How Hybrid Relay works? – The Complete Illustrated Guide

hybrid relay

The Hybrid Relay is a combination of electro-mechanical and semiconductor technology. It uses the advantages of both while minimizing their disadvantages. The main benefits of EMR are a minimal voltage drop while the circuit is closed and no leakage currents while it is open. The main advantages of SSR or Triac are high durability and no interference generation. The Hybrid Relay has all of these.

You can find such ready relays in online shops, but they are industrial solutions and cost a fortune. However, you can create it yourself.

A lot of information here will result from articles about Triac and Electromagnetic Relay. Therefore, if something seems not clear just go back for a moment and read again 🙂

Let’s create our long-lasting non-interference Relay!

Hybrid Relay construction

The Hybrid relay consists of two parts: electro-mechanic and semiconductor.

The first part is the classic electromagnetic relay. The second part can be SSR or Triac. We have to handle Zero Cross Detection ourselves, so there is no point in using SSR. It would take only more space unnecessarily. Let’s use Triac then.

hybrid relay

At first glance, the schematic may seem complicated to you. However, this is nothing more than combined two schematics, which we discussed earlier.

Triac and EMR outputs are connected in parallel. And we can independently control both. It gives great possibilities.

How Hybrid Relay works?

The implementation of the hybrid relay is a little more challenging than in the case of SSR or EMR. But don’t worry, we will do it step by step.

As you can see in the schematic above, two INPUTS are controlling the Relay and the Triac, and one OUTPUT gets data from the ZCD. How to manage the Triac depending on the ZCD I wrote in the previous chapter. Here he would like to focus on the synchronization of Triac with the Electromagnetic Relay.

The saying “Time is an essence” fits here perfectly 🙂 To better understand this, let’s follow the process of switching ON and OFF the Hybrid Relay.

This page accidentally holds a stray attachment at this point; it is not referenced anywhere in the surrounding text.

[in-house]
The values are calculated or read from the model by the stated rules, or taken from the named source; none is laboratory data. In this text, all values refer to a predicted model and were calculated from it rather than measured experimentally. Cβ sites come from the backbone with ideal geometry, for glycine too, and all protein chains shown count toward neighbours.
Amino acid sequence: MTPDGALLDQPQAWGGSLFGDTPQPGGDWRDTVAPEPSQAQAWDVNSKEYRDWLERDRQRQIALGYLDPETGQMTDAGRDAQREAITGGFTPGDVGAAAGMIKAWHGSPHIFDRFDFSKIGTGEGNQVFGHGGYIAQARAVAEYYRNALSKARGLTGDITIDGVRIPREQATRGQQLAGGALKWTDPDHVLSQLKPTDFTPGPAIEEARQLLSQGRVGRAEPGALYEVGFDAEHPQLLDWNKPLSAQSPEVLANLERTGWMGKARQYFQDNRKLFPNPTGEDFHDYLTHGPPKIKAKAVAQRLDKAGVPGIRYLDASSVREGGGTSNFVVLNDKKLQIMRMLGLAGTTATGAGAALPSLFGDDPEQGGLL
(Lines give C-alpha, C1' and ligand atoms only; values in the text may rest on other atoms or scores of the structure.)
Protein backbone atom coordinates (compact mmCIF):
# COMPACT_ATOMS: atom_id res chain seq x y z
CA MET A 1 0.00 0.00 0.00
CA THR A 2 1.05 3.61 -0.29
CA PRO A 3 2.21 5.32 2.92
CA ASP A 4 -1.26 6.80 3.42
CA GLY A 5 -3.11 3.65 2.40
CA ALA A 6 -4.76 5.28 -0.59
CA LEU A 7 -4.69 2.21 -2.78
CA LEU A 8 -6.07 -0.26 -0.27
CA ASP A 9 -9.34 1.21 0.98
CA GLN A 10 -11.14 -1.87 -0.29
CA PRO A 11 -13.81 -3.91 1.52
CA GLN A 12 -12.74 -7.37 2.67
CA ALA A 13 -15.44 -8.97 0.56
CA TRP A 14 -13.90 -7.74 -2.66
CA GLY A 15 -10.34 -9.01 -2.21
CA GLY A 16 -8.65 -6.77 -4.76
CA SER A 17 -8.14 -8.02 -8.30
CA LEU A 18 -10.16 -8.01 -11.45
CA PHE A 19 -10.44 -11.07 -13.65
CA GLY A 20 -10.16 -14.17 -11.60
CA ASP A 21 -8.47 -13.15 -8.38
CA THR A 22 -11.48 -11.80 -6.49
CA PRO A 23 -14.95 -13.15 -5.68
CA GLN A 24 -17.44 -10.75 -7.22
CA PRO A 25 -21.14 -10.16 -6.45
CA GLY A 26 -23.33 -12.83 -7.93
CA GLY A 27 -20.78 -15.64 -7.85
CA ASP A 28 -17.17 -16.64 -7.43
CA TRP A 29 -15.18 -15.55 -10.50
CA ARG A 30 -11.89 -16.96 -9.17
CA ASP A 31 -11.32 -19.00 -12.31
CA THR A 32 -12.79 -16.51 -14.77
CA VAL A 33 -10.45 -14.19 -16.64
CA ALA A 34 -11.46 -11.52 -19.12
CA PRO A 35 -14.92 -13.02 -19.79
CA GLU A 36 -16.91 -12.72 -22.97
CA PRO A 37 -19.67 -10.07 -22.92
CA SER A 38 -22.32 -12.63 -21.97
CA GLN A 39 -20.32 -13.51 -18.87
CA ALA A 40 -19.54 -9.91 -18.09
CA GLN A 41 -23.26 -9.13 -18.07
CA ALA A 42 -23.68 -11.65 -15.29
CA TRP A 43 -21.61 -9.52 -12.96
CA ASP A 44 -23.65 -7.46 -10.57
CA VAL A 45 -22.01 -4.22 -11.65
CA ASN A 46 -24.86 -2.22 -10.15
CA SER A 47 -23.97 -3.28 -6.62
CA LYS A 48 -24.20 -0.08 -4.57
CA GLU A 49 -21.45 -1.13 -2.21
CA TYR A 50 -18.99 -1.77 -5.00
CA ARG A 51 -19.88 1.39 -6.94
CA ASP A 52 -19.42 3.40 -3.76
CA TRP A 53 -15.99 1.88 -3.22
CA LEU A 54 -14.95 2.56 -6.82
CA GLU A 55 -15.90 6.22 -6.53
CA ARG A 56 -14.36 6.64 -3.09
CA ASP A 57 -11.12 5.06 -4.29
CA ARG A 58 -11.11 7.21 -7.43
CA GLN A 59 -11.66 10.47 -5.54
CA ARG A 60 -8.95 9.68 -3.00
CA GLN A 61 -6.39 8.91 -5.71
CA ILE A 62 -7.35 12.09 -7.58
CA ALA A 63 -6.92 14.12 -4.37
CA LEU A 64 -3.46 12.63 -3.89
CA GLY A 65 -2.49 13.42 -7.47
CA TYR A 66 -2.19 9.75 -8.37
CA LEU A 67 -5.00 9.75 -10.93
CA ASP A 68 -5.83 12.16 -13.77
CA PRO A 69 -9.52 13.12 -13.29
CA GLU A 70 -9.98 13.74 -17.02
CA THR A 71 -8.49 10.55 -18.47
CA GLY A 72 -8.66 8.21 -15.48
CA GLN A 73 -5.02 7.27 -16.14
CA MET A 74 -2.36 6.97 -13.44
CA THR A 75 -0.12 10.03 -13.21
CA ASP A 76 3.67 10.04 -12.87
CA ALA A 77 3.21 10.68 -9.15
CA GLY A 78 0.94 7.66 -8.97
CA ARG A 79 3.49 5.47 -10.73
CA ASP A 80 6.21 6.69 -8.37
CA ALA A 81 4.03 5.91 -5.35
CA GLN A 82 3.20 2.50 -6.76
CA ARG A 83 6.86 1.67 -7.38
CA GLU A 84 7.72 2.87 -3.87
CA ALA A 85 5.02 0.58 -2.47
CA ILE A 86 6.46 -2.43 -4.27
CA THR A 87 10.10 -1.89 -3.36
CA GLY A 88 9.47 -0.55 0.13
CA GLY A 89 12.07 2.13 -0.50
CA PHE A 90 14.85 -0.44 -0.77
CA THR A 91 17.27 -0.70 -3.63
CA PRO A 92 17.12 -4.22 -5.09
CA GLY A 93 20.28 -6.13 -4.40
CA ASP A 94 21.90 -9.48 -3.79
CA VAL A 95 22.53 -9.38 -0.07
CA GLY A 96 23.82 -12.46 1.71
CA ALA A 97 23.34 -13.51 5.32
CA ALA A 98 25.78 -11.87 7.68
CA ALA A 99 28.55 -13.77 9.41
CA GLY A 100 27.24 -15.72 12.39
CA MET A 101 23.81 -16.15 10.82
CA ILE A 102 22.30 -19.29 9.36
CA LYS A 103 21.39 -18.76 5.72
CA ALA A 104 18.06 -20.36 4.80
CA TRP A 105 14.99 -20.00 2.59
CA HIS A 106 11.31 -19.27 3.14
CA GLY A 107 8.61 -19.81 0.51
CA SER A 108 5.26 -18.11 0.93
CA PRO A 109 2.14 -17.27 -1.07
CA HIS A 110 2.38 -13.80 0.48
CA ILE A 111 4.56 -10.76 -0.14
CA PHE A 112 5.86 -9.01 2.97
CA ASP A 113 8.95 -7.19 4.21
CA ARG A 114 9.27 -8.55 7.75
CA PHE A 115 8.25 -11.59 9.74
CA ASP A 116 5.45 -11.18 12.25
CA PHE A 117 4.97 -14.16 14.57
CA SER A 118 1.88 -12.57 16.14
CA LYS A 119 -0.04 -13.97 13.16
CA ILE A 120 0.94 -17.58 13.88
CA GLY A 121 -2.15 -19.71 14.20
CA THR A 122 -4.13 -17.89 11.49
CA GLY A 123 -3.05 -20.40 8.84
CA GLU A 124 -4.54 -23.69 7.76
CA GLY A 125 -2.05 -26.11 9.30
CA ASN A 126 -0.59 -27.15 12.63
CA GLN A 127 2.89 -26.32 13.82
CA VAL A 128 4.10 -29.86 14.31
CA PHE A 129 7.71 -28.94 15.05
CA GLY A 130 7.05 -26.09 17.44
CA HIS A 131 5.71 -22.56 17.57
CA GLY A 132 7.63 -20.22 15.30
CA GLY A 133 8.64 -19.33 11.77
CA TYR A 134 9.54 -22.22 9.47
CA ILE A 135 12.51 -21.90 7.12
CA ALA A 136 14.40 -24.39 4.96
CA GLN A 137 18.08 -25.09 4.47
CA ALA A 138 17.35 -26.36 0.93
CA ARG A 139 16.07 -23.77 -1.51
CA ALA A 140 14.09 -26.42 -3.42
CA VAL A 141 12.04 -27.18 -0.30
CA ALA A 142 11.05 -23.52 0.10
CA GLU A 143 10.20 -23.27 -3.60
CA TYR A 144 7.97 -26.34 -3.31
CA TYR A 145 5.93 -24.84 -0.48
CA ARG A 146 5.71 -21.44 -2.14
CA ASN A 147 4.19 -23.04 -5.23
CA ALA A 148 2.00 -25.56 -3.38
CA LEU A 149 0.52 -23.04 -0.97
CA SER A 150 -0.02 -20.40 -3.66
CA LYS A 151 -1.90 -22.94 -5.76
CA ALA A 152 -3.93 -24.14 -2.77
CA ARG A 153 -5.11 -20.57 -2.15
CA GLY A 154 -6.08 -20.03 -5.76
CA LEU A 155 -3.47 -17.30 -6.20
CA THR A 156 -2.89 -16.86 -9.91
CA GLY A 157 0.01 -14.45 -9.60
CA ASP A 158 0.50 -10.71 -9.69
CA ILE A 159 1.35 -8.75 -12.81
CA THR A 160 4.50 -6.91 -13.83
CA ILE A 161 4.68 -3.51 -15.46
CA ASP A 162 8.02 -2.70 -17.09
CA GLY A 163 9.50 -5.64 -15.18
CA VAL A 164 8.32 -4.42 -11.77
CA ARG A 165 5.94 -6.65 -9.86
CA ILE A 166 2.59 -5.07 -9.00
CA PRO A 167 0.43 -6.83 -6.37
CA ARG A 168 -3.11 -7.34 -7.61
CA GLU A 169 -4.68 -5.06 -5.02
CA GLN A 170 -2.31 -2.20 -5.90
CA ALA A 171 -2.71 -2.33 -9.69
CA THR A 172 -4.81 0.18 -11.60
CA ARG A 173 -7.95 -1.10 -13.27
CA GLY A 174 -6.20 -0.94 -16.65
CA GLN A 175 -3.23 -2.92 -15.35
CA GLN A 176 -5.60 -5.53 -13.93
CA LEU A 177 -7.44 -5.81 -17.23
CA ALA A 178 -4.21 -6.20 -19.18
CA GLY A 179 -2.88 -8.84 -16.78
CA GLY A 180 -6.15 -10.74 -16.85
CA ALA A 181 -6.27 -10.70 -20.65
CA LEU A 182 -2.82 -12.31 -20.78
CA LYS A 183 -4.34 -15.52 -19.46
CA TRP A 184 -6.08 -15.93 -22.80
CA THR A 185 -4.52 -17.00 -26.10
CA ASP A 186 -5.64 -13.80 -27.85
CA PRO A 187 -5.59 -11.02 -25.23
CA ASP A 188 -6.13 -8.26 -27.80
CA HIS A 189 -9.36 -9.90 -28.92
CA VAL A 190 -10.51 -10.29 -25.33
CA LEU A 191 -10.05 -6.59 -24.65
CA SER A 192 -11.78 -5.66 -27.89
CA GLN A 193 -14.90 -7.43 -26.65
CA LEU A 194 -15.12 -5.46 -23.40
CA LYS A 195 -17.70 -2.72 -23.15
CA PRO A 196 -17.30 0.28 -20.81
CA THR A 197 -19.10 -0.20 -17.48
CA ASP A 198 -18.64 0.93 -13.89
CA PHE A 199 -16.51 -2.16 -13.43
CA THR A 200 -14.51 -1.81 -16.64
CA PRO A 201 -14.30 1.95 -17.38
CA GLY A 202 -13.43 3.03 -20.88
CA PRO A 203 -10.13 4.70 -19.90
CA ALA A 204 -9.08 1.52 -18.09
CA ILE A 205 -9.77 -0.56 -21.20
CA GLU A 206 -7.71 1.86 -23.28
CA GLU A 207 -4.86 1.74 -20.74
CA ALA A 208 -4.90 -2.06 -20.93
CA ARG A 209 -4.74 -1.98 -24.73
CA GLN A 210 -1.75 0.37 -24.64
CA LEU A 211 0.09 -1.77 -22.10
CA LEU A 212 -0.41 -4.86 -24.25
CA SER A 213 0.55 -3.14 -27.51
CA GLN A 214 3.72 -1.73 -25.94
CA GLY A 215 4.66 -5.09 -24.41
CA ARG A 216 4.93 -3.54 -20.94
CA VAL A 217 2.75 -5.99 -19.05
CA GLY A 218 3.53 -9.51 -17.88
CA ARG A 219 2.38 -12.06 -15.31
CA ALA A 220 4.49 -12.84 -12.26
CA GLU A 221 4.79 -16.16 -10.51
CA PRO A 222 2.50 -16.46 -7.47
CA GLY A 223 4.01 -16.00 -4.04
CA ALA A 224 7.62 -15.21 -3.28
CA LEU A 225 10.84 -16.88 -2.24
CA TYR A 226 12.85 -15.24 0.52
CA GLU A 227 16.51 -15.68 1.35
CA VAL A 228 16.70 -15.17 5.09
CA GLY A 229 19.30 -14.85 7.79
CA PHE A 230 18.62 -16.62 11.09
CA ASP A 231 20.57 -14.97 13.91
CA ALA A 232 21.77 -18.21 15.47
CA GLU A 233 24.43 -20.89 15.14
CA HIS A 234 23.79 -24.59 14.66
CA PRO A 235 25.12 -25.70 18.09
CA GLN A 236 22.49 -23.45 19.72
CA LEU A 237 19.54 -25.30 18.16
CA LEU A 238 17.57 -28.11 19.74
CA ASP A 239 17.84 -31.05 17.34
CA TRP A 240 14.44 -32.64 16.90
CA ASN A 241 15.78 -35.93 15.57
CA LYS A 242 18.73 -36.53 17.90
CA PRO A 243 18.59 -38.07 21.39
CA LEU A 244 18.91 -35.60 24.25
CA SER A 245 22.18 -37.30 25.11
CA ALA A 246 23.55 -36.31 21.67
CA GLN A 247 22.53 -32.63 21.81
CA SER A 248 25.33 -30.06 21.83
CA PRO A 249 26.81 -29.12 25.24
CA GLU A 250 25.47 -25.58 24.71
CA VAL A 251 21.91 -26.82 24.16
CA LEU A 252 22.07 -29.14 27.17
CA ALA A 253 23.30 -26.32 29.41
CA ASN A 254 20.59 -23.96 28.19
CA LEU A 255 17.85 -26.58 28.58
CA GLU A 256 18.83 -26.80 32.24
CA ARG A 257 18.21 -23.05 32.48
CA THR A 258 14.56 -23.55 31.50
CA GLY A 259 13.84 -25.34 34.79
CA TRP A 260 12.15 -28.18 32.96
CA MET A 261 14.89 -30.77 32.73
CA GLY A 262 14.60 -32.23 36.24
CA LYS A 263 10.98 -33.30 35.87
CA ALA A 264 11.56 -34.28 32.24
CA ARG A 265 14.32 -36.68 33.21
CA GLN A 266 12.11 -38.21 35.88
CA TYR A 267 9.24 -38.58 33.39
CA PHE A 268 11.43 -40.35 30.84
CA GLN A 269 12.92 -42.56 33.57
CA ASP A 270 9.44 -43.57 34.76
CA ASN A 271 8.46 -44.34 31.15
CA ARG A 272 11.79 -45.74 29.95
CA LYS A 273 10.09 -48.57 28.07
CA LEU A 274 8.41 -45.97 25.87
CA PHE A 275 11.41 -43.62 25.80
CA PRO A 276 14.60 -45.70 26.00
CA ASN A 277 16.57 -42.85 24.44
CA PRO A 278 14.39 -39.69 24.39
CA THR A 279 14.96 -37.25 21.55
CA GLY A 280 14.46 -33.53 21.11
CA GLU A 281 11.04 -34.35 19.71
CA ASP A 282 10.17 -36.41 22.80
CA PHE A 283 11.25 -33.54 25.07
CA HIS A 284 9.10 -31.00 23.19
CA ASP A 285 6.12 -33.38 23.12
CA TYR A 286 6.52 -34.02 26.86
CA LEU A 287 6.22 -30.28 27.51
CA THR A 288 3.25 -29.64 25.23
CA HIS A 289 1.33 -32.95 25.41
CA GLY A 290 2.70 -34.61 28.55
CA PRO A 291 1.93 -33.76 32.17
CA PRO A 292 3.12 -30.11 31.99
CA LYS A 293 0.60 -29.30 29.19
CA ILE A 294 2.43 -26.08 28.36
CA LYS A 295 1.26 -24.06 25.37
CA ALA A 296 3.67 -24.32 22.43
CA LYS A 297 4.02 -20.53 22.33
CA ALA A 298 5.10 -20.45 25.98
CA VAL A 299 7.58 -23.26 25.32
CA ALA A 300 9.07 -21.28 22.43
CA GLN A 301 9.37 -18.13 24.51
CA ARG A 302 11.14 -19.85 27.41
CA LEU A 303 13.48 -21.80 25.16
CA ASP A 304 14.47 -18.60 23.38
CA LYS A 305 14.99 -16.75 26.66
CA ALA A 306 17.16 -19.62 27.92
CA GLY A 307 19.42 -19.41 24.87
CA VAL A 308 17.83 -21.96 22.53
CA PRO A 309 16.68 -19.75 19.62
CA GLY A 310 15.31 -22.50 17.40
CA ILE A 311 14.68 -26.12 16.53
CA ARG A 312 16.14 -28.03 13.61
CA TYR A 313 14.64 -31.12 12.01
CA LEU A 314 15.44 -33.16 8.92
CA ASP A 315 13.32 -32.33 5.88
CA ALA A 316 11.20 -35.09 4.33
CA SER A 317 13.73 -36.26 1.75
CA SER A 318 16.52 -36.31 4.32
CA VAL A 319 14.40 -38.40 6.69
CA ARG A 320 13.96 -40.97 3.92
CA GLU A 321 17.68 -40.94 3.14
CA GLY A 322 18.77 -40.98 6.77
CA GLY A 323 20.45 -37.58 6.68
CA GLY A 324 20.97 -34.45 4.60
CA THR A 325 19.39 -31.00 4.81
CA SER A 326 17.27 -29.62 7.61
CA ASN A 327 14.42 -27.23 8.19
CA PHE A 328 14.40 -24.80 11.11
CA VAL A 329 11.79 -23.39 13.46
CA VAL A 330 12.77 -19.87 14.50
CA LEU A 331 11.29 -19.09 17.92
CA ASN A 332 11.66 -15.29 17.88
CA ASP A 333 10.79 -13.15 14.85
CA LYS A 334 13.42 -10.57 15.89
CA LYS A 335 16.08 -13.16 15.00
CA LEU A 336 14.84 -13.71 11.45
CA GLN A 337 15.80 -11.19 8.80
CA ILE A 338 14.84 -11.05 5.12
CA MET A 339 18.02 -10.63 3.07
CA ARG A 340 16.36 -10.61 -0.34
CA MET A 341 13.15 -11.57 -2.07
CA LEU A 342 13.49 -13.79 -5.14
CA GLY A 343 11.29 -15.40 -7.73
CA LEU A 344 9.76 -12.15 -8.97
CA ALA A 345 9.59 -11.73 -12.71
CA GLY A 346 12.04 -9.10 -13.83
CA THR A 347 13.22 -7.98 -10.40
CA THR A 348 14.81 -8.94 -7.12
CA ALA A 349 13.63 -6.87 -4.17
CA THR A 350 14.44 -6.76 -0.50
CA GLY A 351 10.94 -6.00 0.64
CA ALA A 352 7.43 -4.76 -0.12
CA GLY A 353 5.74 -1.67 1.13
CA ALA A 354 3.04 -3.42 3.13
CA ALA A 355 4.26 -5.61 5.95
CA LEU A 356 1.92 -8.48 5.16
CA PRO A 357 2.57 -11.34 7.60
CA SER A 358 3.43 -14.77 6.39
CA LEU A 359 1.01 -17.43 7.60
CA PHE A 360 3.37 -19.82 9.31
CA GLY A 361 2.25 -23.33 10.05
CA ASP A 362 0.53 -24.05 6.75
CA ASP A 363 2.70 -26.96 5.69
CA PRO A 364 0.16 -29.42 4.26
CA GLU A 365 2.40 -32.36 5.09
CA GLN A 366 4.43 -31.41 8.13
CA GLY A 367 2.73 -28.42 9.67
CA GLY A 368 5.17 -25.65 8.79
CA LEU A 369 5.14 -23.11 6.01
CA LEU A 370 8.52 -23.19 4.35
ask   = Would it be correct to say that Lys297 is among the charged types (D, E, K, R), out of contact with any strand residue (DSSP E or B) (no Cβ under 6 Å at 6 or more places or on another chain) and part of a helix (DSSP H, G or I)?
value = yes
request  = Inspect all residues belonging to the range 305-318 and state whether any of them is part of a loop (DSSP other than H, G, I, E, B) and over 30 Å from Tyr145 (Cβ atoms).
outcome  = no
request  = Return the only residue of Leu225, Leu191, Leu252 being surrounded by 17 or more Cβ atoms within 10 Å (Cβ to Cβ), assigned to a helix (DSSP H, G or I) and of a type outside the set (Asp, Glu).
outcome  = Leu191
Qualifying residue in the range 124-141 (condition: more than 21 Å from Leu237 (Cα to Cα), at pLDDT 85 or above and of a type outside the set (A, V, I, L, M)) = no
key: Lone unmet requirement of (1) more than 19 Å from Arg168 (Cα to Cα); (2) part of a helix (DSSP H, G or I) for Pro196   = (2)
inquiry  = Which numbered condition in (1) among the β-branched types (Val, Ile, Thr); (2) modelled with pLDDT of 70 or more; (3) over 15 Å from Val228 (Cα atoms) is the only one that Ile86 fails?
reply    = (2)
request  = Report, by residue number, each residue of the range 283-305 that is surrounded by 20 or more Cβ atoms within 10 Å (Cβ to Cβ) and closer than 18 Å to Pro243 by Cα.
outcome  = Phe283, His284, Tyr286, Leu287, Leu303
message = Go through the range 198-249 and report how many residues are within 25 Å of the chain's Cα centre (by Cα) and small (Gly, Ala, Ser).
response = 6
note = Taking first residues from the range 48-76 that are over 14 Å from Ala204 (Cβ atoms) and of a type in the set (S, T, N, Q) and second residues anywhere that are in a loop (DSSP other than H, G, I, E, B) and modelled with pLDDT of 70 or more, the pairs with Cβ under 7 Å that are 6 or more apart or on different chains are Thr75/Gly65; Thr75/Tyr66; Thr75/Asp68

Circuit closing procedure

0 ms. – each cycle begins by detecting that AC Mains is at “zero”

The first step is to send information to Relay and Triac that they should turn on. Short impulse to Triac’s Gate and high state to Relay coil. As you know from previous chapters, Triac will close the circuit immediately. For the Relay, we have to wait a while. This Relay delay actually simplifies the procedure. So we turn the disadvantage into an advantage. At this moment, all the current flows only through Triac. But at least we started it in “zero”, so we didn’t generate noise.

~7 ms. – it is the moment when the Relay closes its contacts

Until now, all the current has flowed through Triac. And this time, we used a small, low power Triac and didn’t mount any heat sink. Fortunately, after a few ms, Relay also turns on. It has significantly lower contact resistance, so it absorbs most of the current from Triac. Thanks to it, Triac doesn’t heat up so much.

10 ms. – in the US it will be ~8 ms

At this moment, AC Mains reaches zero volts. And as we already know, this is the moment when the Triac turns off. So now, all the current flows through the relay. And Triac can relax after 10 ms of hard work.

Hybrid relay

Circuit opening procedure

The procedure for opening (switching off) the hybrid relay looks exactly the opposite to switching on.

0 ms. – each cycle begins by detecting that AC Mains is at “zero”

The first step is to send information to Relay and Triac that they should turn off. Short impulse to Triac’s Gate and low state to Relay coil. Triac will close the circuit immediately. But this time, the Relay is still on. So only a small amount of current will flow through it.

~7 ms. – it is the moment when the Relay opens its contacts

Triac takes over all the current from the load circuit. Fortunately, there is not much time left until AC Mains reaches zero volts. 

10 ms. – in the US it will be ~8 ms

It is the moment AC Mains reaches zero. Triac can turn off.

Hybrid relay


  • Interference generated at switching is minimized.
  • No leakage currents when the relay is open.
  • Low resistance when the relay is closed.
  • There is no need to use a heat sink.
  • A long life time (although not as long as Triac itself).


  • Complicated schematic and control method.
  • Phase control is not an option.

Hybrid Relay – summary​

This solution is the most complex of all that I discussed in this article. This is due to quite complicated schematic and the complex control procedure. However, this rewards us with an great device for controlling large loads. You can easily connect 20 A and don’t use any heat sink. Also, you can be sure that you are not generating any crazy noises around your device. 

I’m not saying that you have to use it everywhere now 🙂 Often, in simple projects, there is no point in overcomplicating the AC Mains switching system. However, it is worth being aware of this method e.g., when controlling a high power heating element.

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